(Bloomberg) -- The Bank of Japan will leave monetary policy unchanged this week as easing trade tensions and calmer financial markets relieve some of the pressure to act, according to a Bloomberg survey.
About three quarters of 48 economists said the BOJ will leave policy unchanged at the end of a two-day meeting Thursday, hours after the Federal Reserve is forecast to cut interest rates. The European Central Bank last week cut rates and revived bond purchases, part of a global policy shift that has raised expectations the BOJ will follow suit.
Still, nearly half of analysts surveyed said the BOJ would add monetary stimulus in some form either this week or at its meeting in October, with the number evenly divided on the timing at 23% each.
Click here to read the full survey results
A strong and growing majority of BOJ watchers -- 83% in the latest survey -- now see additional stimulus as the BOJ’s next policy step, though they have different opinions on what forms it would take, and even whether certain moves would amount to stimulus.
About a third of those surveyed said the BOJ would strengthen its pledge to keep interest rates extremely low this week, while 21% said it would widen the targeted trading range for the 10-year yield on Japanese government bonds.
Analysts also see a growing chance that the BOJ will lower its negative interest rate on some bank reserves from the current -0.1%, with 23% predicting it would happen by the end of the year. That’s up from 6% in July.
Governor Haruhiko Kuroda said following the last policy meeting in July that the BOJ has become “more positive” about adding stimulus, reinforcing market expectations for action.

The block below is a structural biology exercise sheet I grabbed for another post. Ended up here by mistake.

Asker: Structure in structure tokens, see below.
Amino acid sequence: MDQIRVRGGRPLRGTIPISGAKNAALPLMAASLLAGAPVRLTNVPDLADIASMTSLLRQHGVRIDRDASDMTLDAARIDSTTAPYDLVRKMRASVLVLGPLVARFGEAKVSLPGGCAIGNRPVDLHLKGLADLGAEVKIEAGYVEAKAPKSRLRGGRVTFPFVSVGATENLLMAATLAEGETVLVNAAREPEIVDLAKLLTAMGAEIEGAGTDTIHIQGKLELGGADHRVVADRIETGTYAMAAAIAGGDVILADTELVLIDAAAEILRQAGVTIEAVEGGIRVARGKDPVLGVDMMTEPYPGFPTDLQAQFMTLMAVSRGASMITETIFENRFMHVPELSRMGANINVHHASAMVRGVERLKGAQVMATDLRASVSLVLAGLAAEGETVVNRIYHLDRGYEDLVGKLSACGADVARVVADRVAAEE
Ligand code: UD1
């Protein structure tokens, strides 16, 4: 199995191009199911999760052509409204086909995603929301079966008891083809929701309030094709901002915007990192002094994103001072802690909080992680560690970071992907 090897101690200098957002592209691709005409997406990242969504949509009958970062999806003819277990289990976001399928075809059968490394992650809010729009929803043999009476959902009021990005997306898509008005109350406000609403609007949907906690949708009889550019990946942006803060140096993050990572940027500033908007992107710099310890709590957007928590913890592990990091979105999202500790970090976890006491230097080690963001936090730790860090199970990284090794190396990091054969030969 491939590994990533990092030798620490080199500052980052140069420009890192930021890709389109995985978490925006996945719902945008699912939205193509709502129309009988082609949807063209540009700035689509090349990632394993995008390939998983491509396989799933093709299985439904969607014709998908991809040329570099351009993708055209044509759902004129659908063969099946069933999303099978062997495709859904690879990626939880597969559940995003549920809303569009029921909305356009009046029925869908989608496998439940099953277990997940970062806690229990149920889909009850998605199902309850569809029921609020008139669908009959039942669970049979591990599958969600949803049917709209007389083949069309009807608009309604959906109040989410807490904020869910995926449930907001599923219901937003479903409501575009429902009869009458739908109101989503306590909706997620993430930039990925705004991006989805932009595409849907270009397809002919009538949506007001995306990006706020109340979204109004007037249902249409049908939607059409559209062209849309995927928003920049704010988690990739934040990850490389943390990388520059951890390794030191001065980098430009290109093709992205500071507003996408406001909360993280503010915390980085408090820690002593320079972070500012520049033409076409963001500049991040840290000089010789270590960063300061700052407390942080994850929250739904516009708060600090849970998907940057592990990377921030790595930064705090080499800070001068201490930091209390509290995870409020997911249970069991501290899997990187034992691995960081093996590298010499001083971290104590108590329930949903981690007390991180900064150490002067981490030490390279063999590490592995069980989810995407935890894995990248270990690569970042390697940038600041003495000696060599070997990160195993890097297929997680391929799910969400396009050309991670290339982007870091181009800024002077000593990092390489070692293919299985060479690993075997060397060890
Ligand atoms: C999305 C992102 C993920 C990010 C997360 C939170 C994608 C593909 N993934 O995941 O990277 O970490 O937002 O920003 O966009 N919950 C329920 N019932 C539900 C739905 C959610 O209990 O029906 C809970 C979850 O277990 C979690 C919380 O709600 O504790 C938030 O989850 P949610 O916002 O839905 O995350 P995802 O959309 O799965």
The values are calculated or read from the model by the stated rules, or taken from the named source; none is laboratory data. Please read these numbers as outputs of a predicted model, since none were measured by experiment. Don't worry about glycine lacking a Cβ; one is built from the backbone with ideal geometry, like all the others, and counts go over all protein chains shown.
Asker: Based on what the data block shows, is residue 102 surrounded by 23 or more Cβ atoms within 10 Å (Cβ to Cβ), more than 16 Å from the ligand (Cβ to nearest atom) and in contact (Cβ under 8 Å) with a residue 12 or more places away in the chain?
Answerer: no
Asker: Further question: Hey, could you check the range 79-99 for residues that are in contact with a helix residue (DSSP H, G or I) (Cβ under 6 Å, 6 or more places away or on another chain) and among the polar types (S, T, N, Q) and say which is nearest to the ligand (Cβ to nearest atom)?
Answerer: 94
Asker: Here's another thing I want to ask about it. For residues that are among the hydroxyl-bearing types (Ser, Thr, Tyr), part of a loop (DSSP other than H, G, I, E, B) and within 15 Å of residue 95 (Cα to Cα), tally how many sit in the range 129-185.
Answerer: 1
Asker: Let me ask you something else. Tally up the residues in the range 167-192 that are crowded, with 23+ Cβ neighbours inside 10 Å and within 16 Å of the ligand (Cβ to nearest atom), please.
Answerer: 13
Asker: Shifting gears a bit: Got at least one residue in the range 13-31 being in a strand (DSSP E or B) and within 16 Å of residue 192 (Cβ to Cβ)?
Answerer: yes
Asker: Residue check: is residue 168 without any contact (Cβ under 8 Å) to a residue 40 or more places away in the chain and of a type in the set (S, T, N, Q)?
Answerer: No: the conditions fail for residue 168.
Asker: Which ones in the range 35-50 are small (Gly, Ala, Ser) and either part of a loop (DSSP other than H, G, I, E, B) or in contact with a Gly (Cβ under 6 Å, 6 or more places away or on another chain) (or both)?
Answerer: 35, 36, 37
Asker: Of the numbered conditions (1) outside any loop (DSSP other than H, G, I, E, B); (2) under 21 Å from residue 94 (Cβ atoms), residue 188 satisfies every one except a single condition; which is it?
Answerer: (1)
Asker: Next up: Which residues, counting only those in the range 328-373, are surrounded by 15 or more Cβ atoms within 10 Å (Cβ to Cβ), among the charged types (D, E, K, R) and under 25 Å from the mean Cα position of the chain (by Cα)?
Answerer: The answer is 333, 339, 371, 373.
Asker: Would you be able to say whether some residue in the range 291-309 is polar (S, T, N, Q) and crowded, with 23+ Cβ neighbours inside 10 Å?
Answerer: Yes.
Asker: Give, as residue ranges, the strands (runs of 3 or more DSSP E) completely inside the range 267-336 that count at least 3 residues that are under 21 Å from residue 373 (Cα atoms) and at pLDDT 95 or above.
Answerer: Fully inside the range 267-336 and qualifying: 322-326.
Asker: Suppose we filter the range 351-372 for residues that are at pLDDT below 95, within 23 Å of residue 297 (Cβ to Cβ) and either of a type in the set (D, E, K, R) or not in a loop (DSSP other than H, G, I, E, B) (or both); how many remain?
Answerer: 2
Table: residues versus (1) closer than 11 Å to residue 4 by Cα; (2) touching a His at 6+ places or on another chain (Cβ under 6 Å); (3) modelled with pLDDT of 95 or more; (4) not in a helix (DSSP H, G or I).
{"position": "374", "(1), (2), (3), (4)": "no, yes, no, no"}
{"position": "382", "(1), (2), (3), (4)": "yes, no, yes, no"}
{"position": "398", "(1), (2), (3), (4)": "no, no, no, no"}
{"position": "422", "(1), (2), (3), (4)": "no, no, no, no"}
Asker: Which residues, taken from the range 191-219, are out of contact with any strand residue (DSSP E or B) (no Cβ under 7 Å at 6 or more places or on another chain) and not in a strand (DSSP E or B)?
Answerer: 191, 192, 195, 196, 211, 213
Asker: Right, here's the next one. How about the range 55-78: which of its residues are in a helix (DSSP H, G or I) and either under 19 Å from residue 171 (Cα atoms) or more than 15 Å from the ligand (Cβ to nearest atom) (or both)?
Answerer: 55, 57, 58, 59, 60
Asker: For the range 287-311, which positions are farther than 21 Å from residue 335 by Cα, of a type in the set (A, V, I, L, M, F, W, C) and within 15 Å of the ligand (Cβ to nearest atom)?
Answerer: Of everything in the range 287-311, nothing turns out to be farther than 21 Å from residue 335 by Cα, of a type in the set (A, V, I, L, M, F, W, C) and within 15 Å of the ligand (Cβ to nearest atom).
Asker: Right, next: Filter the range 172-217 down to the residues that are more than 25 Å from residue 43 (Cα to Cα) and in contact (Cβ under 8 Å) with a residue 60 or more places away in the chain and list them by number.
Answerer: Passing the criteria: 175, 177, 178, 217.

The BOJ has plenty of reasons to be ready. While tensions have eased lately, the U.S.-China trade war looks likely to keep weighing on Japan’s exports, as does a slowdown in the global economy. A sales-tax hike due to take effect in Japan next month raises concerns about domestic consumption.
Risks from the trade war and global economy were cited by 40% of analysts as the BOJ’s biggest worry, with 21% pointing to a strong yen and 19% saying the policy actions of other central banks.
Risk-off sentiment and the global policy shift had pushed the yen to the strongest level since 2016 last month, while the yield on 10-year JGBs touched a three-year low this month. But recent reversals have pushed both the currency and yields within the BOJ’s comfort zones.
Still, acting comes with risks for the BOJ. A slight majority of analysts surveyed -- 53% -- said they thought it was likely that any move would backfire by ultimately demonstrating how depleted the BOJ’s firepower is after more than six years of ultra-aggressive stimulus.
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